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Taking Care of Myself - cellophane — LiveJournal
the story of an invisible girl
Taking Care of Myself
Quite awhile ago, C and I were chatting about life and such. "I am not sure I could marry somebody who can't take care of herself," he told me, "because I would always be worried about her."

We were no longer dating at the time, but my curiosity was sparked by this. I asked, "Do you think that I can take care of myself?"

"Well, I'm not sure....like I think that if somebody were to break into your house at night, you wouldn't be able to grab a gun off the gun-rack and shoot them."

"You're right. In fact, I would have trouble even finding the gun rack." (I don't own any guns.) "But I would pick up the phone by my bed, call 911, then go out the bedroom window."

"I also think that, for example if somebody insulted you, you wouldn't defend yourself."

"Yeah, that's probably true. But I would walk away. Then I would make sure that I didn't spend further time with them, so it couldn't happen again."

It's an interesting question, and one that I've been recently musing over for no real reason. I am an extremely passive and non-confrontational person, almost to a fault. But does this make me a doormat? Does this make me less capable of keeping myself from harm? My approaches are very different than some people's might be...but I think they are still fairly effective.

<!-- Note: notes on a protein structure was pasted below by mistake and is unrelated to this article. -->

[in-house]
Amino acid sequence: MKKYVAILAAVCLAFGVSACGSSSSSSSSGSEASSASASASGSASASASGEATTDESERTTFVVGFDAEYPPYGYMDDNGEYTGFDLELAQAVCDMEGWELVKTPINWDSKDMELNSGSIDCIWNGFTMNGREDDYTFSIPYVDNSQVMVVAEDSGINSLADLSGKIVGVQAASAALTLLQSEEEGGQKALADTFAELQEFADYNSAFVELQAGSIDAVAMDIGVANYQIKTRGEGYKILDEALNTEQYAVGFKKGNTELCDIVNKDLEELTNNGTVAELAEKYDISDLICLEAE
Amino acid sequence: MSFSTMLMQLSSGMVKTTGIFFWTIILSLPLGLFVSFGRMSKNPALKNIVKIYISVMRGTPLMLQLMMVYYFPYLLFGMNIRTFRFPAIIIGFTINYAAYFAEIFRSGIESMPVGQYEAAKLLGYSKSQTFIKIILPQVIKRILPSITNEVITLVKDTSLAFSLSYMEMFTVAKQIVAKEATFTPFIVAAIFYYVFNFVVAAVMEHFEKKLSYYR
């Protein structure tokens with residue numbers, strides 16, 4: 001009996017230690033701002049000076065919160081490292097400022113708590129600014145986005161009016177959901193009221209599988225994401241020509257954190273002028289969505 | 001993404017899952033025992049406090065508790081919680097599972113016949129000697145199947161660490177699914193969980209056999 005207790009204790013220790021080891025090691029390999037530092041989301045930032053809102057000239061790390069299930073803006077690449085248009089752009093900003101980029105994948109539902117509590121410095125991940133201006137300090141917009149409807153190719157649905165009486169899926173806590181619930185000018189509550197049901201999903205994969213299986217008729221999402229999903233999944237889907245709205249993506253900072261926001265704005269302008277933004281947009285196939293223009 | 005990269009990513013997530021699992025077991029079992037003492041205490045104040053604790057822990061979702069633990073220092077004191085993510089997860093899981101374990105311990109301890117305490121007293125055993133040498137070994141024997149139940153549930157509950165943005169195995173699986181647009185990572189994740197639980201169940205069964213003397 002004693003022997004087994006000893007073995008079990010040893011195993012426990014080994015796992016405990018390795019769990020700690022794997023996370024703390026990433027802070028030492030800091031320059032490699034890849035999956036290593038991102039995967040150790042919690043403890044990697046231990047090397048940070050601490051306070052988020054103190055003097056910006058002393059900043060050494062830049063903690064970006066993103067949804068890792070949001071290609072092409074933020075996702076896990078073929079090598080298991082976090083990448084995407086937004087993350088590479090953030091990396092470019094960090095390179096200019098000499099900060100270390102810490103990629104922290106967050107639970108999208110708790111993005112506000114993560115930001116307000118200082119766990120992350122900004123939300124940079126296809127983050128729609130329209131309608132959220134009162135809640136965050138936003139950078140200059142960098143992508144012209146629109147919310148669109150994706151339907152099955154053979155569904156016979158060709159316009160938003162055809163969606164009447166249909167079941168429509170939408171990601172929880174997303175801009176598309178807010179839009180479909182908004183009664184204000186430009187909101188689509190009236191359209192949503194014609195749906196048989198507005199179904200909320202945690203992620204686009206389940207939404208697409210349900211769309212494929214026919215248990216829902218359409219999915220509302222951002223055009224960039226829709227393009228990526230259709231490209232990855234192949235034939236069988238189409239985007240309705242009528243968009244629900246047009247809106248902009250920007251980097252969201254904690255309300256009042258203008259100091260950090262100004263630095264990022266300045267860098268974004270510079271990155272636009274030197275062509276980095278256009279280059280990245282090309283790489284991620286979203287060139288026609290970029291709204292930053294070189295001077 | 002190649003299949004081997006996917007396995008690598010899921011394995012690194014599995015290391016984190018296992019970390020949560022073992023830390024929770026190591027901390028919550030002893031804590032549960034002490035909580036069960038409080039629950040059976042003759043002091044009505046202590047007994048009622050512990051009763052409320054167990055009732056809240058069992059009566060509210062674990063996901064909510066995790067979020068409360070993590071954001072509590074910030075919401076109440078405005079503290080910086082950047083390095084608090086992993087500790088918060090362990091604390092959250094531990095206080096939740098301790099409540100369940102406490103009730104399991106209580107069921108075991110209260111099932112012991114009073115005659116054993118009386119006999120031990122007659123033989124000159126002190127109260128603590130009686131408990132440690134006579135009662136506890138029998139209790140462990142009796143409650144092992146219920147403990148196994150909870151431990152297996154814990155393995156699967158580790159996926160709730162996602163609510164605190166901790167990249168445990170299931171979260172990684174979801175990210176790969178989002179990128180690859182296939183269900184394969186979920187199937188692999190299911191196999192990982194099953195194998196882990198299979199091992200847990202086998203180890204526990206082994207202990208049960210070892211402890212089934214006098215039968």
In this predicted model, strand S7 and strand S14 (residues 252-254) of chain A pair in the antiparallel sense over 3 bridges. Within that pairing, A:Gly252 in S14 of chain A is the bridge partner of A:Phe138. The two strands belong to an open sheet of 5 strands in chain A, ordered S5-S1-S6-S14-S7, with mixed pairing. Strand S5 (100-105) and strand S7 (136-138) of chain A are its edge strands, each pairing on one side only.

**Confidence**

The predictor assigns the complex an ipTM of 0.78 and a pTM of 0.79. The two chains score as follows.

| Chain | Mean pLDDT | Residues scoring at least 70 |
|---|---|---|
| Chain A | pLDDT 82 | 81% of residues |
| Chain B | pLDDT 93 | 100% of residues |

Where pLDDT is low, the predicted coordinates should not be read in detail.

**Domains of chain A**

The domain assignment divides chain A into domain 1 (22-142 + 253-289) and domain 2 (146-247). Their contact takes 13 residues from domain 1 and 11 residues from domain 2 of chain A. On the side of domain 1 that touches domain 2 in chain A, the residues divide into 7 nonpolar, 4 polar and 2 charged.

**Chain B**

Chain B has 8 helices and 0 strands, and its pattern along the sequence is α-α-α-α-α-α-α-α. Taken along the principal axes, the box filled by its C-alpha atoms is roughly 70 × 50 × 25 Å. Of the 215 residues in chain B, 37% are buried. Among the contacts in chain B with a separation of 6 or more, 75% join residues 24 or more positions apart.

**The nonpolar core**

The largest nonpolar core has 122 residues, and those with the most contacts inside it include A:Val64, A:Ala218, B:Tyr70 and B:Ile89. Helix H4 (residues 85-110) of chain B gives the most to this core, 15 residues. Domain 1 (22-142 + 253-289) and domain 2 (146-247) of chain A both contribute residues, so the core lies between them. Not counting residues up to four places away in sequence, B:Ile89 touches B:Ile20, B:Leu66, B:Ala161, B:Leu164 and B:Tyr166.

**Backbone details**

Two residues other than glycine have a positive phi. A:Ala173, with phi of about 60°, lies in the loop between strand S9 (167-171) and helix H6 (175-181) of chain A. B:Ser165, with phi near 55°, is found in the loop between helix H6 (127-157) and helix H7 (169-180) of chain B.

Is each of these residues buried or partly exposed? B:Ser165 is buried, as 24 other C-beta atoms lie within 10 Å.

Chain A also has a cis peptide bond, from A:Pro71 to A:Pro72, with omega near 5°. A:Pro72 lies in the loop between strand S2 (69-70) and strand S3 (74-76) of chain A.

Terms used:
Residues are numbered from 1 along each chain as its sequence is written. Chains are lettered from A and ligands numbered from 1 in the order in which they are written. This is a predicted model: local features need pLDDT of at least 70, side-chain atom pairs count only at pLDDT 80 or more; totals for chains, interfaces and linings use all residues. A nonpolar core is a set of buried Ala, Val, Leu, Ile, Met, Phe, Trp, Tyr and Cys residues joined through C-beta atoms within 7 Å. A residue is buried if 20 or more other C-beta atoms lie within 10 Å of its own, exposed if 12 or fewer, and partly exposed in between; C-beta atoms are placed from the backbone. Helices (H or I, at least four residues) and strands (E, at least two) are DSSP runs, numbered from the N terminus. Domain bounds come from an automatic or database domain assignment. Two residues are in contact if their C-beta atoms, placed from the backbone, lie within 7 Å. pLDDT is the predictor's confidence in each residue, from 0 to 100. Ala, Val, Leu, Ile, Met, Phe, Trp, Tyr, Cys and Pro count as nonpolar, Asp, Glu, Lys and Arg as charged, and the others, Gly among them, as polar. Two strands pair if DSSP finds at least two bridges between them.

In a different yet somehow similar vein, it takes a lot for me to hate somebody. In fact, I don't think there is anybody I know who has succeeded in earning my actual hatred.

In my past there is a man touched me in ways I did not want to be touched, even though I told him 'no'. Surprisingly enough, I am still friendly with this man. I just make 100% certain that I am never alone with him. I take steps so that it will not happen again.

In my past there is also a man who slept with another woman, even though he and I were dating seriously at the time. I am still good friends with this man, although I broke up with him. I just won't let him hurt me that way again.

These are only two instances. There are plenty of other examples of my passivity with regard to friendships: I don't like to take drastic and irrevocable action unless absolutely necessary. It is hard for me to stop caring about a person, even if they hurt me. It is hard for me to throw away a friendship, even if some bad things occur in it.